I have not viewed any other of the filmmakers submissions, I had people do that for me. I need to concentrate on “M is for MADNESS” for myself, not on what others are doing. I’m told by my crew that our chances are good. All votes and likes are truly appreciated by us, so vote often!
Submissions are open to all Independent filmmakers around the world, and the Submission Deadline is October 31st – ending appropriately on Halloween. Top 12 Announced: Nov 5th. Voting Ends: Nov 30th. Winner Announced: Dec 15th. The 3 minute short horror film contest submission of MADNESS will be online on their website. The Director’s cut and the BTS footage – we will have that available after the contest.
People can see and vote “LIKE” on the film HERE: M is for MADNESS
What drives you to produce this project?
That’s a damn good question that a lot of people would sure as Hell like an answer to as well! Pressure. Deadlines. Do I know what drives me, what makes me obsessed about writing, filming and telling these graphic stories that I have conjured up in my ole’ short-circuited brain-box?
I’m a Sagittarius (same birth date as Billy the Kid, among others)- creative, controlling, outspoken, goes after their goals, beyond obsessive and (an anal) perfectionist. The easy answer, and the only one that makes sense to me is that once you know this is what you want to do, you need to do it. No exceptions.
That advice and reasoning comes from a Director that I have followed and studied ever since I was 12 years old – Sir Ridley Scott. His words, not mine. “Just do it” he said about a year ago about getting off of your ass and just shooting your film and he’s dead-on right.
I saw “ALIEN” when I was 12 years old, only saw it twice in the theaters. I literally had to cover my eyes with my hands both times as I was watching the “chest burster” scene through my fingers! No shit – I couldn’t watch it, I will never, ever forget that. That was the difining moment that I must make films in my lifetime.
I also left the theaters back in 1979 after that knowing that filmmaking is exactly what I wanted to do someday. That film truly changed my educational direction, career direction and my basic outlook on life, as well as on modern film. I researched the Hell out of that film, I still do to this day. It’s an obsession to override perfection. That was, and still is my goal today, whether it be by writing the story or by filming it.
IMAGE PERFECTION. I see the world around all of us like that. Composition, color, content, context, structure, exposure, etc. I just can’t see the world any other way. “The Exorcist” taught me story structure. “Alien” taught me how to film it. Tell the story well. Photograph the story well.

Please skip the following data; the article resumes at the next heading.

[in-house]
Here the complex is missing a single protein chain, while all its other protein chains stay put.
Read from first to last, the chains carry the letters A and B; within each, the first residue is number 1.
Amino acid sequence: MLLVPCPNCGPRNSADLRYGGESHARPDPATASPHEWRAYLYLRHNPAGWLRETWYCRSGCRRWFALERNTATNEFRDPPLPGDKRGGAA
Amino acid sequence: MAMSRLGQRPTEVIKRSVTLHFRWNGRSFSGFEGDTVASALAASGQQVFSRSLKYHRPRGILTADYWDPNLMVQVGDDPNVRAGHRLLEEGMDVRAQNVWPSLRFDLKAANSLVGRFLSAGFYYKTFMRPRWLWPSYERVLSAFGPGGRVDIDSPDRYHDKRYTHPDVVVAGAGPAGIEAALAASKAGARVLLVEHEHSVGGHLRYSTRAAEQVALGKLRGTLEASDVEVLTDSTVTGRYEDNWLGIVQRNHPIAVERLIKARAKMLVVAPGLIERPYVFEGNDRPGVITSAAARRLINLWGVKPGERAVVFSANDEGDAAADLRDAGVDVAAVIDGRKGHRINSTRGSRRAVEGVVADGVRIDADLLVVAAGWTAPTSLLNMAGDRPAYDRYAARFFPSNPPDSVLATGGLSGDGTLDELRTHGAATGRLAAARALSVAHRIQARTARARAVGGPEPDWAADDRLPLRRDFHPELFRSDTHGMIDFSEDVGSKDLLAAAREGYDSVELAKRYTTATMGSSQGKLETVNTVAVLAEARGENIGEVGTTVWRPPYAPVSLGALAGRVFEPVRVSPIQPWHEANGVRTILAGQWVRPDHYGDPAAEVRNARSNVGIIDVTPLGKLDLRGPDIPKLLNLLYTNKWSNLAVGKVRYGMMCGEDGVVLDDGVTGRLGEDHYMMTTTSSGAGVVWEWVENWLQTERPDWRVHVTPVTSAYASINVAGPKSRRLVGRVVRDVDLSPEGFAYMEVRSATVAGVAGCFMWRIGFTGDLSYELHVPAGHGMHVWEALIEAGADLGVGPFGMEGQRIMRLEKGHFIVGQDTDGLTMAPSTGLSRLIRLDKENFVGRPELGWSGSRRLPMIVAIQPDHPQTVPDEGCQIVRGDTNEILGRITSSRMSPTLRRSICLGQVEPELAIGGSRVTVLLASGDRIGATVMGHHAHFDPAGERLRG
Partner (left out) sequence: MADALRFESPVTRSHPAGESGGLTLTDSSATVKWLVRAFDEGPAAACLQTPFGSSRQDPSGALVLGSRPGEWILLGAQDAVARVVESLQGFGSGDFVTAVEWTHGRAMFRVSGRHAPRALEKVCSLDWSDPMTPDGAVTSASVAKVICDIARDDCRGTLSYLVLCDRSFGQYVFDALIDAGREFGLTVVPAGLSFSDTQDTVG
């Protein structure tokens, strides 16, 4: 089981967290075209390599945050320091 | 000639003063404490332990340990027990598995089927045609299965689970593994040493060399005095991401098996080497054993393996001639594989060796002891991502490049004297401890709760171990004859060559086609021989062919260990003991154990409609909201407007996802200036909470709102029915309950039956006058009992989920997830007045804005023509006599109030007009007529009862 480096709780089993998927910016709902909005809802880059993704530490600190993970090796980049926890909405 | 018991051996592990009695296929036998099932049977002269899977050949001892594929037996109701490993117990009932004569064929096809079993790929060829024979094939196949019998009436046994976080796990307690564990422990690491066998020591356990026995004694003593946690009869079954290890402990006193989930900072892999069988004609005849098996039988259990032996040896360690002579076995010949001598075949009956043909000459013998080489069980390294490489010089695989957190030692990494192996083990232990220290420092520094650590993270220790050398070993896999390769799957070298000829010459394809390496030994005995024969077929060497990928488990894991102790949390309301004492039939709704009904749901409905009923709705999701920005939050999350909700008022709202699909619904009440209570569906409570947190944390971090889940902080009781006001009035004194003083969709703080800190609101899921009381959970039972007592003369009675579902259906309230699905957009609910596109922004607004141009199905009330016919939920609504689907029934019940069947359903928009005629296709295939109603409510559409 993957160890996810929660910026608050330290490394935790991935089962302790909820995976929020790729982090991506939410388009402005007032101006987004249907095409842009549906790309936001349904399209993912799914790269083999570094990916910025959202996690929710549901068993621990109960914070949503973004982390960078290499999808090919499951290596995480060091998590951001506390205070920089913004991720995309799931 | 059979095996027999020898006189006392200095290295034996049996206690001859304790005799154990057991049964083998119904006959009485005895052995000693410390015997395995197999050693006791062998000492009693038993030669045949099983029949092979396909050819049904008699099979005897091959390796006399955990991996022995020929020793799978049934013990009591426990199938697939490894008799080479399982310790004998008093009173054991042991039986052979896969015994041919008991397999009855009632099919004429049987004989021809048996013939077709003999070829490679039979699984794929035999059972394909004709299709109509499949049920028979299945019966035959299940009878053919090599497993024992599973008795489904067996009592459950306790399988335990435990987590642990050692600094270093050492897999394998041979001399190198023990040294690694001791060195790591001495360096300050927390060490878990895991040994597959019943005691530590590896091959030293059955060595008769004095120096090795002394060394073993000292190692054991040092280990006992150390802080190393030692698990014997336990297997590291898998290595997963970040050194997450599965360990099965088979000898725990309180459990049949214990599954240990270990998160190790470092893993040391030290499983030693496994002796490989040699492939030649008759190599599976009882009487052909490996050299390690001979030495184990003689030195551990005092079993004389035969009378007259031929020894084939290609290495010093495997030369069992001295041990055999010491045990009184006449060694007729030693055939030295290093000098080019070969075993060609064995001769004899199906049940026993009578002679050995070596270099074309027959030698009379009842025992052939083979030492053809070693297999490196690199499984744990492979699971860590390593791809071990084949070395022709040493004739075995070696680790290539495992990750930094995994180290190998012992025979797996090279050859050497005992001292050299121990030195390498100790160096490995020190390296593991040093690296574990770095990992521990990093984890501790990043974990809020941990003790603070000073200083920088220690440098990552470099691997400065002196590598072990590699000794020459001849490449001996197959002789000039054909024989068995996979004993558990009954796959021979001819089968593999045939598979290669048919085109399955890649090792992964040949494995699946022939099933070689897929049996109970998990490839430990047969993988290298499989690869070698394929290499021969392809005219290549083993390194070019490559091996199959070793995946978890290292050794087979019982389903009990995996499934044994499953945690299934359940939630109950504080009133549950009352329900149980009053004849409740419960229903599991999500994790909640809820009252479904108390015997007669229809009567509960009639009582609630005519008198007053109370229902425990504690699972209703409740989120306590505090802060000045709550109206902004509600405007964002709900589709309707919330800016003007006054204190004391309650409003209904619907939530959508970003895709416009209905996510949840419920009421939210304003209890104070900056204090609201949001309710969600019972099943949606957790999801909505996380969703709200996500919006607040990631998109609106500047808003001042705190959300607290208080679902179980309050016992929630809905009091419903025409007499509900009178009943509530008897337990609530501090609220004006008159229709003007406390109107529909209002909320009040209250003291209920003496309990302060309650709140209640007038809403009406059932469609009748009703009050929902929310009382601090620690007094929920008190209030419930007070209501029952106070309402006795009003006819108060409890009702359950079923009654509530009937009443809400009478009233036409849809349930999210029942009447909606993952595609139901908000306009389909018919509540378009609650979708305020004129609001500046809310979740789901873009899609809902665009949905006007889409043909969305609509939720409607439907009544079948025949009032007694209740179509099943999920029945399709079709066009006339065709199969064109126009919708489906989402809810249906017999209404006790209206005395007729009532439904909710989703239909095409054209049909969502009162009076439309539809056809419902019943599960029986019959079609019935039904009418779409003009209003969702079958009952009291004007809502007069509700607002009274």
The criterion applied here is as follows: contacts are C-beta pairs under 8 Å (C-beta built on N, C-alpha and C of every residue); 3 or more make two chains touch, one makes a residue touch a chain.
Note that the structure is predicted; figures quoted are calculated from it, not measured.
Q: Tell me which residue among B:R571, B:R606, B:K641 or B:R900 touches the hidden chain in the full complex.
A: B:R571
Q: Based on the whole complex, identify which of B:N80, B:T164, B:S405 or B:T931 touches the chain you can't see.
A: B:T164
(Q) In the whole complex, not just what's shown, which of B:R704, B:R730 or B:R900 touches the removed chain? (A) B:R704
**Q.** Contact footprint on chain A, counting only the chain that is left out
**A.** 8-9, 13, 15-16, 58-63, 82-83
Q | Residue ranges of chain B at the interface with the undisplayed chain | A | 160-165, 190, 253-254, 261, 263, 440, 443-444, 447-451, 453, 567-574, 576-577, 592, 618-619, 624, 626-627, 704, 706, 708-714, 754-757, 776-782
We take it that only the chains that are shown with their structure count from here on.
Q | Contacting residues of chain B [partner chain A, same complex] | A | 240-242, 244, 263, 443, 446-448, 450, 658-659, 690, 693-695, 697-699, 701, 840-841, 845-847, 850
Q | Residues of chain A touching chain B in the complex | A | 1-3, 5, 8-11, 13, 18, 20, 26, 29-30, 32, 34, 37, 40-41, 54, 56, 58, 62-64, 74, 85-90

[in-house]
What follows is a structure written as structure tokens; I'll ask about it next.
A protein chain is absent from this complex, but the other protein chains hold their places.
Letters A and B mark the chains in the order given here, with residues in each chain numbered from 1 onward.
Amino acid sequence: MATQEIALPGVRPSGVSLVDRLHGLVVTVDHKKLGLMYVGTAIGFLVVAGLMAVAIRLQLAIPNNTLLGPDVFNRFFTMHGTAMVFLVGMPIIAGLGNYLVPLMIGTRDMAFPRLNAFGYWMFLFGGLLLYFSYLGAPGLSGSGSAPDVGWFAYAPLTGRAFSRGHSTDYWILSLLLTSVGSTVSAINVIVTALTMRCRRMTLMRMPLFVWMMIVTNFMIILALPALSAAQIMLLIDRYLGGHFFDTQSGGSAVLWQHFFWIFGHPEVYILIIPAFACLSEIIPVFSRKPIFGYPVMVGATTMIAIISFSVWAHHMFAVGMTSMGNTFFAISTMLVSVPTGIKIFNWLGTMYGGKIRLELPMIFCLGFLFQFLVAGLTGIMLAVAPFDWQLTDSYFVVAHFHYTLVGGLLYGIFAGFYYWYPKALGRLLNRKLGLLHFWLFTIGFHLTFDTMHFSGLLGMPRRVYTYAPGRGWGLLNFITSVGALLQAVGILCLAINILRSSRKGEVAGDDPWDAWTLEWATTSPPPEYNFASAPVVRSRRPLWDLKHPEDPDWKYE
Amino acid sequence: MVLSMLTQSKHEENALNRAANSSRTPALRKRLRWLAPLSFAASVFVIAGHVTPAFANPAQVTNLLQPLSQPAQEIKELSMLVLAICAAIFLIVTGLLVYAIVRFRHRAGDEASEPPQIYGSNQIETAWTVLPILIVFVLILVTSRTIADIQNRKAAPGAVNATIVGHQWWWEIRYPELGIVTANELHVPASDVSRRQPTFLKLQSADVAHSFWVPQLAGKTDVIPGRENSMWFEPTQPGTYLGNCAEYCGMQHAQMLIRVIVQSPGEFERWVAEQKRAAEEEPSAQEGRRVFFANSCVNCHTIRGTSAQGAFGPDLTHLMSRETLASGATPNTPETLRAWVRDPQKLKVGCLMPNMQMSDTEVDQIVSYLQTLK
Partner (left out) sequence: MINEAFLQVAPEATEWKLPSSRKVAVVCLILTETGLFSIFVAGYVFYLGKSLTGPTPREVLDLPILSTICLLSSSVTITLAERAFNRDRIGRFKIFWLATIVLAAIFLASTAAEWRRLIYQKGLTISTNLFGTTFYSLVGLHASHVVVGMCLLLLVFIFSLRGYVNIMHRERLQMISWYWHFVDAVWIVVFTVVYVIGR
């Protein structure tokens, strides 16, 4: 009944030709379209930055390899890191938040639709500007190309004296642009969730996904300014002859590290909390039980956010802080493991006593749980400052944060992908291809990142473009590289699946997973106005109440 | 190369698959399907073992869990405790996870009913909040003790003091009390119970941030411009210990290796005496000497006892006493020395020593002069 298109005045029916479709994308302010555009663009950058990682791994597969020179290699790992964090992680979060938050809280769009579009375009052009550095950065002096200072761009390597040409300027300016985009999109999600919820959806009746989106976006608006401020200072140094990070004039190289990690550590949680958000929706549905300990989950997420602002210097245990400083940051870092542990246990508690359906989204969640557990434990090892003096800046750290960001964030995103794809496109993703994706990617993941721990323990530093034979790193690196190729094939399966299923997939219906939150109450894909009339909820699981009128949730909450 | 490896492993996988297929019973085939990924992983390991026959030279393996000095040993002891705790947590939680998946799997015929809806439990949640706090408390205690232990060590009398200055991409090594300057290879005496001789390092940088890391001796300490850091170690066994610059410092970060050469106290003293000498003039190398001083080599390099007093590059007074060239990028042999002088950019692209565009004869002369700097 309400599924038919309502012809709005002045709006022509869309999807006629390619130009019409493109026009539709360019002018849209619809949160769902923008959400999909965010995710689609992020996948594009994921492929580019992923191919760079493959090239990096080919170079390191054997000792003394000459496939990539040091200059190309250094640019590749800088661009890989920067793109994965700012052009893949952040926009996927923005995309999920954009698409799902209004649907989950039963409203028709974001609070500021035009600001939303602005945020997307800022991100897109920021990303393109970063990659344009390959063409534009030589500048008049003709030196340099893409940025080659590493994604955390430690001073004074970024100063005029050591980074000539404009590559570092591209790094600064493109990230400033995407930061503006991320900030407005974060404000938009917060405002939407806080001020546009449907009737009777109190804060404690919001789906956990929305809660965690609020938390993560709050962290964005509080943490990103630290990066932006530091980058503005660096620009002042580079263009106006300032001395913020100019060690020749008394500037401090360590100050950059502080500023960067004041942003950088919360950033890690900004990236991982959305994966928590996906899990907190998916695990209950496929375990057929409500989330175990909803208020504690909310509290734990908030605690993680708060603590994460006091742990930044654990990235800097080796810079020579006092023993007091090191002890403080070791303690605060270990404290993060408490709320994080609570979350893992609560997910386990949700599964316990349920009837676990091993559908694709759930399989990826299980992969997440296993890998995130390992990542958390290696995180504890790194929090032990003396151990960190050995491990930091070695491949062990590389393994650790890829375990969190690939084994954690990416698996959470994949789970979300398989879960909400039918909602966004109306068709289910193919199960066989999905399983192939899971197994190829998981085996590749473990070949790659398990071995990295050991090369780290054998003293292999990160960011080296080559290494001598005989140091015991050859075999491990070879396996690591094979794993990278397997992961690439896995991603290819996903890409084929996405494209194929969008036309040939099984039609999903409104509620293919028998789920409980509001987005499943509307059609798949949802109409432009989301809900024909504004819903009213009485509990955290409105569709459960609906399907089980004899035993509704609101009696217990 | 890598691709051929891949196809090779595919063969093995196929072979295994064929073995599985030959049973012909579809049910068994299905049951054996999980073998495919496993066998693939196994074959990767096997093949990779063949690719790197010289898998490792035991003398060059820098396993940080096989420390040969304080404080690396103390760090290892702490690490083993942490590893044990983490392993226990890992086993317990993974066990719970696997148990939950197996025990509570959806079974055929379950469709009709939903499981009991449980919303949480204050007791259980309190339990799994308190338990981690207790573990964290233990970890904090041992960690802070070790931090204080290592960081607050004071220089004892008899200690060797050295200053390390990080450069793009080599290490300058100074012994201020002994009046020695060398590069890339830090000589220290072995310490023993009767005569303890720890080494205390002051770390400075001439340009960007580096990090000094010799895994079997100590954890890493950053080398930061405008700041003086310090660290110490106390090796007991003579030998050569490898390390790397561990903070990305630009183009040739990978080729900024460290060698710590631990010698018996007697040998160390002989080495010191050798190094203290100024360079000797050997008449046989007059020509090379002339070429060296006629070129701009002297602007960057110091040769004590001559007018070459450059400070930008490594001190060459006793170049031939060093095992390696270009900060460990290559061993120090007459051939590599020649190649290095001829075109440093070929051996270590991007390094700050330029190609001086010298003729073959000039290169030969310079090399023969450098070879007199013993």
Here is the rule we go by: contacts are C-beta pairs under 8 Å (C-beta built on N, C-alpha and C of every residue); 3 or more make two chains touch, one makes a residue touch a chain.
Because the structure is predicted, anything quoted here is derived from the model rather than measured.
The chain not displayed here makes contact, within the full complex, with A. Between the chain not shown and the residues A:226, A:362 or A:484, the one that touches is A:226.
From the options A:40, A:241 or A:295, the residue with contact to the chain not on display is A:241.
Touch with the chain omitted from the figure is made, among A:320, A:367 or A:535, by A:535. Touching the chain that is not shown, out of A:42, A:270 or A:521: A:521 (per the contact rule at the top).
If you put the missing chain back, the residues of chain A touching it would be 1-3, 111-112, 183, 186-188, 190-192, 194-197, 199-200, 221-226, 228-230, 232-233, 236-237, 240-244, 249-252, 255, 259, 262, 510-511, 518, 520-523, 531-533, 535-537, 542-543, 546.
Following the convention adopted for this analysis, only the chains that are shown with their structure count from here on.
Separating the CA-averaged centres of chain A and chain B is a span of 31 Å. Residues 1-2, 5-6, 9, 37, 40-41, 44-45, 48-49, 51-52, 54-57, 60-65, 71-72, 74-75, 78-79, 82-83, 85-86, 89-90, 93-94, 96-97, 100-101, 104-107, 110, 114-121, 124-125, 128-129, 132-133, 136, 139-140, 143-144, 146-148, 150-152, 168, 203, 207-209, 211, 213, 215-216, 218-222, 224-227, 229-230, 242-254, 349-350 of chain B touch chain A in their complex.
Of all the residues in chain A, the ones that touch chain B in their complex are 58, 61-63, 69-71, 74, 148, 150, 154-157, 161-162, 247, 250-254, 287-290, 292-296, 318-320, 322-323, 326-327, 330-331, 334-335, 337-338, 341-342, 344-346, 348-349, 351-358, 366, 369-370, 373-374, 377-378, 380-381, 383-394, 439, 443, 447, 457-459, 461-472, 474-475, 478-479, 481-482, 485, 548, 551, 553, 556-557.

Create an environment, a certain or strangely unfamiliar mood that we do not see or experience day after day after day. Show me something different. Shock me. Frighten me. Make me feel…SOMETHING. I really think that the “ABC’s of DEATH” does just that, and does that very well.
If once you communicate this in film, you can do almost anything, including making some very good entertainment choices for the audience. This is not a social changing of ideas or marketing agendas, it’s entertainment – good or bad, that’s all it is! You sit on your ass for 90 minutes or more and stare at something. Sometimes you make films for yourself.
To be successful you must make films to THINK ABOUT FOR DAYS AFTER SEEING IT. Now that’s filmmaking.
Would I have done things differently? Absolutely 100%. Do I think the film can be improved? 100%. This film was a race against time from day 1. It’s a miracle we got what we did and what we did get is alright with me. Far from perfection, but it’s a complete 3 minute idea for a contest. Our talent and crew – absolutely everyone LEARNED SO DAMN MUCH on this production, myself included more than anyone.
In the coming week, I will be cutting (MY VERSION) instead of a “timed contest version” of the film – the “definitive short” if you will. The really cool thing is… the entire cast and crew want to do another film RIGHT NOW! I can’t ask for a bigger compliment than that, so I think the film did achieve something for everyone involved, and that in of itself is cool as Hell.
Crew group photo © 2013 Steve Kalinsky